The serostatus (H.I.V.) of the patients was screened and confirmed at H.I.V. Testing Laboratory (I.C.T.C.) as per the recommendation of the National AIDS Control Organization (N.A.C.O.) (Guidelines for H.I.V. testing, March 2018). All tests were performed manually according to the manufacturer’s recommendations. Flow-Cytometry was used for the estimation of the absolute CD4 cell counts of the patients.

Fungal culture and species identification
One Hundred and sixty Candida isolates (80 isolates each from H.I.V. and Non-HIV infected patients) were characterized. Identification of yeast isolates was made by standard procedures including morphology on CHROMagar, Cornmeal agar, and Staib agar (HiMedia® Laboratories Pvt. Ltd, India), germ tube formation, fermentation and assimilation of sugars and growth at 42°C 8.

In vitro antifungal susceptibility testing
The determination of the M.I.C. (minimum inhibitory concentration) was done using a broth microdilution test as per the C.L.S.I. guidelines (Clinical and Laboratory Standard Institute) M27- A3 and M27-S4). The following antifungal agents were used- amphotericin B, nystatin, ketoconazole, fluconazole, itraconazole, and voriconazole (HiMedia® Laboratories Pvt. Ltd, India)9,10. Aliquots of 100 microliters of each antifungal drug at a double concentration of the final concentration were put in the wells of 96-well microtiter plates. Before testing, fungal strains were subcultured and incubated at 30°C for 24 hours. Next, 100 μl of the inoculum was added to each microdilution well containing 100 μl of the serial dilution of the antifungal agents to reach the final concentration; the plates were then incubated at 35°C for 48 hours. The minimum inhibitory concentrations (M.I.C.s) were calculated after 48 hours. American Type Culture Collection (A.T.C.C.) strains recommended by C.L.S.I., C. albicans (ATCC 64550), C. parapsilosis (ATCC 22019), and C. krusei (ATCC 6258) were used as controls.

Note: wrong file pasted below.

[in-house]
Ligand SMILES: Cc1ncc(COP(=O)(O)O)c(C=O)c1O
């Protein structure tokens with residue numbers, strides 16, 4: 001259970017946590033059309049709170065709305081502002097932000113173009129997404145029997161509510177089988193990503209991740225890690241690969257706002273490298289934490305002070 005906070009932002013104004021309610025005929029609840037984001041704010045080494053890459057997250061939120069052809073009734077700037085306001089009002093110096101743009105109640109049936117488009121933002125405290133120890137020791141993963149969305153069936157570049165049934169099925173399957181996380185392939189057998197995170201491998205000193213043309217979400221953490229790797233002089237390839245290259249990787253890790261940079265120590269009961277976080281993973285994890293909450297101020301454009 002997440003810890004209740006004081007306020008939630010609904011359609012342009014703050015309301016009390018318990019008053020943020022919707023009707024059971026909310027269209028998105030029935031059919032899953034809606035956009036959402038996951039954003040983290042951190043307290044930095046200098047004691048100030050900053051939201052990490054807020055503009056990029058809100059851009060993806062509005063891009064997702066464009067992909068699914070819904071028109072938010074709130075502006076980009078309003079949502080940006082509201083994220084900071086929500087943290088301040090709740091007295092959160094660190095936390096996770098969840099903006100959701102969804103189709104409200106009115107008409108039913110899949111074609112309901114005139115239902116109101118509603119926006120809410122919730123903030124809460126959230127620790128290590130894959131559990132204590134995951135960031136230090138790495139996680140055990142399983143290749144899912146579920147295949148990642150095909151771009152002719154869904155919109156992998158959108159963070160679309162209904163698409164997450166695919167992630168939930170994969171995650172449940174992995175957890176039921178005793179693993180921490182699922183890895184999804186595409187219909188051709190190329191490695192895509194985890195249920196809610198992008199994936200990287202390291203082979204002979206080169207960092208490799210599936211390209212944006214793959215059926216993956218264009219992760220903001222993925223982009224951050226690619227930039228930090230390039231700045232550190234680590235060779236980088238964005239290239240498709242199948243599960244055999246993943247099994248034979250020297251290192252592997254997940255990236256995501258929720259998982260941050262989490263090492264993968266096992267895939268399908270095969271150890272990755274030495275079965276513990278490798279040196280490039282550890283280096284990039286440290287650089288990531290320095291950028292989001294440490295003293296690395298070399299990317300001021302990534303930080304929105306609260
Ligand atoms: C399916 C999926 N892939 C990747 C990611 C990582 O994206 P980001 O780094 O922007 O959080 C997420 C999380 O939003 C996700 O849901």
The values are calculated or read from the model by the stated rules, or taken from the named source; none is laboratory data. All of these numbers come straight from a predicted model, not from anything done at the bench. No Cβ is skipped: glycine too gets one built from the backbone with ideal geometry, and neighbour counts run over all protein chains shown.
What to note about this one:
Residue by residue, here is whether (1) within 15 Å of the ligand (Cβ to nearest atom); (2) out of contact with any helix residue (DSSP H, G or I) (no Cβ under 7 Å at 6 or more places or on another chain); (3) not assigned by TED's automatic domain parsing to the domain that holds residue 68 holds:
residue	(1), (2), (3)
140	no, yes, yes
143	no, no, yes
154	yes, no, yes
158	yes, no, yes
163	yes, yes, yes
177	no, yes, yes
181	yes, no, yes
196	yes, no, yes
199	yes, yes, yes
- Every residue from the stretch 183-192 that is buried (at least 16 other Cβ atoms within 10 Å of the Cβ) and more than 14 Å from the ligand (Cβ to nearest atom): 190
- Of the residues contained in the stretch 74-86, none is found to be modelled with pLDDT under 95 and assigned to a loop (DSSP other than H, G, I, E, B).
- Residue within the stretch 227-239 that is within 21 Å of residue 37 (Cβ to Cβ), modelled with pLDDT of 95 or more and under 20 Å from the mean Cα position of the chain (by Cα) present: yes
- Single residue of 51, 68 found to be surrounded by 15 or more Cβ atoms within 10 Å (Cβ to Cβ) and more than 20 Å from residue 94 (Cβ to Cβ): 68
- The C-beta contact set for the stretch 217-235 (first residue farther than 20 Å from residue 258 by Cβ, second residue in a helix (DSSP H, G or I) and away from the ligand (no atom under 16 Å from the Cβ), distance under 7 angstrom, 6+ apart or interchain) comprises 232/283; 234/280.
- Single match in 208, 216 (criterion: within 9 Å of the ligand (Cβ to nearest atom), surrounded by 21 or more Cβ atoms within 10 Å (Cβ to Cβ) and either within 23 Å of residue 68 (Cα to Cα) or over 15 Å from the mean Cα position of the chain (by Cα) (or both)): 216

Demographically, both the groups, ie. H.I.V. Negative and Positive patients presenting with Candidiasis were comparable in terms of age and sex. The HIV-positive patients with Candidiasis constituted 47 (59%) males and 33 (41%) females with a mean age of 32 years. The HIV-negative patients with Candidiasis constituted 41 (51%) males and 39 (49%) females with a mean age of 29 years (Table-1). Heterosexual contact was the most common mode of the transmission of H.I.V. infection (Table-2)

Table (1):
Demographic Profile of Study Groups.

HIV Negative (n=80) HIV Positive
Sex Male 41 47
Female 39 33
Age (Years) Mean (±SD) 29 (±9.31) 32 (±11.26)